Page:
SABONET team members show off a wall of plant presses from a collecting expedition on the Nyika Plateau, Malawi.
Kirstenbosch National Botanical Garden Round Trip Photo Gallery
As our knowledge of the South African flora has expanded, so too has that of the African flora as a whole. In 1992, Kirstenbosch hosted a meeting of African botanists to plan a co-operative project aimed at building regional capacity in plant taxonomy and herbarium management. The project, which became known as SABONET (Southern African Botanical Diversity Network), succeeded in training over 30 botanists at postgraduate level, rehabilitated over a dozen herbaria, and computerised the information on some 200 000 herbarium specimens. Building on SABONET was the African Plants Initiative (API), driven by the enormous energies of Gideon Smith, Head of Systematics Research in SANBI, and by teams of taxonomists across Africa and in Europe and the USA. With generous support from the Andrew Mellon Foundation, the API published, in 2006, the first comprehensive checklist of the 50 000 plants known in sub-Saharan Africa – one of the many impressive outputs of the SABONET and API projects for which SANBI can be justifiably proud.
Type Specimen of the Marsh Rose Orothamnus zeyheri (see also photograph on page 226) was collected by Carl Zeyher in 1846 and named by Carl Pappe in 1848. It was first deposited in the South African Museum and transferred to the Compton Herbarium in 1956.
Holotype of Erica penduliflora was collected in 1999 by Ted Oliver of the Compton Herbarium and named by him in 2001.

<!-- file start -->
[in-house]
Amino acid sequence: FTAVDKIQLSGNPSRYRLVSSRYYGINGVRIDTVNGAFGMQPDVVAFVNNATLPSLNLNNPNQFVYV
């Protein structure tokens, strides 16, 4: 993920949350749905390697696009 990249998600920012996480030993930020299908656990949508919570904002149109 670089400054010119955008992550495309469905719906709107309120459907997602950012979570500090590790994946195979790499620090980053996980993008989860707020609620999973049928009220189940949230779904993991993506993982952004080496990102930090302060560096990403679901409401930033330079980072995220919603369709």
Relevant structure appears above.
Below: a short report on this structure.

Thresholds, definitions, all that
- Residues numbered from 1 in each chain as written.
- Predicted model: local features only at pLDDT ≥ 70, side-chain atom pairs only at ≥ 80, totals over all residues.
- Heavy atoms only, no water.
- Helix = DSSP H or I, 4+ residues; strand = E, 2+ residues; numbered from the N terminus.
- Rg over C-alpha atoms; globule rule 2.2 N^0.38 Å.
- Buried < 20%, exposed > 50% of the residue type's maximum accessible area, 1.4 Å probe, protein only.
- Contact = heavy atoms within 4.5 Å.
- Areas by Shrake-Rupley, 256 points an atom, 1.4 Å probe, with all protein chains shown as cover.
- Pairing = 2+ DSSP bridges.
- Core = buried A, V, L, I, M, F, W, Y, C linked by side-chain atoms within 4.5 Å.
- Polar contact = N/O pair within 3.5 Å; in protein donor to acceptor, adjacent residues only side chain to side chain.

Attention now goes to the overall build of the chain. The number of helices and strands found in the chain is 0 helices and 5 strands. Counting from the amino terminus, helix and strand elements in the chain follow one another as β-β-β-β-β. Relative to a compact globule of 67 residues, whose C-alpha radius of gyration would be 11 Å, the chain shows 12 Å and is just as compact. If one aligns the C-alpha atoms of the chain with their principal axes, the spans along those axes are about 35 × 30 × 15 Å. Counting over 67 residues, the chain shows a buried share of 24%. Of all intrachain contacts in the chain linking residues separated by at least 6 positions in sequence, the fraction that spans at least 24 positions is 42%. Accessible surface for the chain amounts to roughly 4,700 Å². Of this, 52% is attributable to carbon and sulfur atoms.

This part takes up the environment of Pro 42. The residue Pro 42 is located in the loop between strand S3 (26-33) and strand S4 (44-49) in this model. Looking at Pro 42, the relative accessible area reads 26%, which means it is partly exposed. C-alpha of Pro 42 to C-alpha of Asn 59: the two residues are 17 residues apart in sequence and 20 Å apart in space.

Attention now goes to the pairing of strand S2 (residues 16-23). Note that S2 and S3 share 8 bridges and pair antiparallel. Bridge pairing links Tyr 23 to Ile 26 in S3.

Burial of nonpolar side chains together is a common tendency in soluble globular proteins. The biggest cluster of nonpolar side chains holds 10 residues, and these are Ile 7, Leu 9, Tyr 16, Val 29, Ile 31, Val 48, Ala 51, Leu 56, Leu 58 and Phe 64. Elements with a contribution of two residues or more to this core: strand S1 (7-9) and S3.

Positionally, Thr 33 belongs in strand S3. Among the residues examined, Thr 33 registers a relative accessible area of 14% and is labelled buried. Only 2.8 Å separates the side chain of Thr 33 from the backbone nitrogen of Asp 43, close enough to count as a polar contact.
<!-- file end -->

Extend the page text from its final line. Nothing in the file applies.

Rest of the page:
Estimates of a total world flora of 250 000 species have increased to 370 000 and to a possible 400 000 flowering plants and ferns across the globe. Such estimates change the baseline of the popular statistic given in conservation publications that South Africa is home to 10 per cent of the world’s plant species. More accurate estimates reduce this to 5 per cent, but given that 65 per cent of these occur nowhere else on the planet, the importance of ensuring their survival for the benefit of humanity remains a high priority.
The Linnaean system predated Darwin’s theory of natural selection, and viewed species as being static entities – natural beings that had been created by God, and were unchanging. This fundamental flaw in his system has not prevented it from surviving as the most basic element of all research and knowledge management in the biological sciences for over two and a half centuries. Despite its shortcomings, it is here to stay!
Frans Bauer was botanical artist to King George III, illustrating the plant treasures arriving at Kew from the far reaches of the Empire, such as Erica massonii, namedfor the 18th century collector of Cape plants. (Courtesy of the Royal Botanic Gardens, Kew)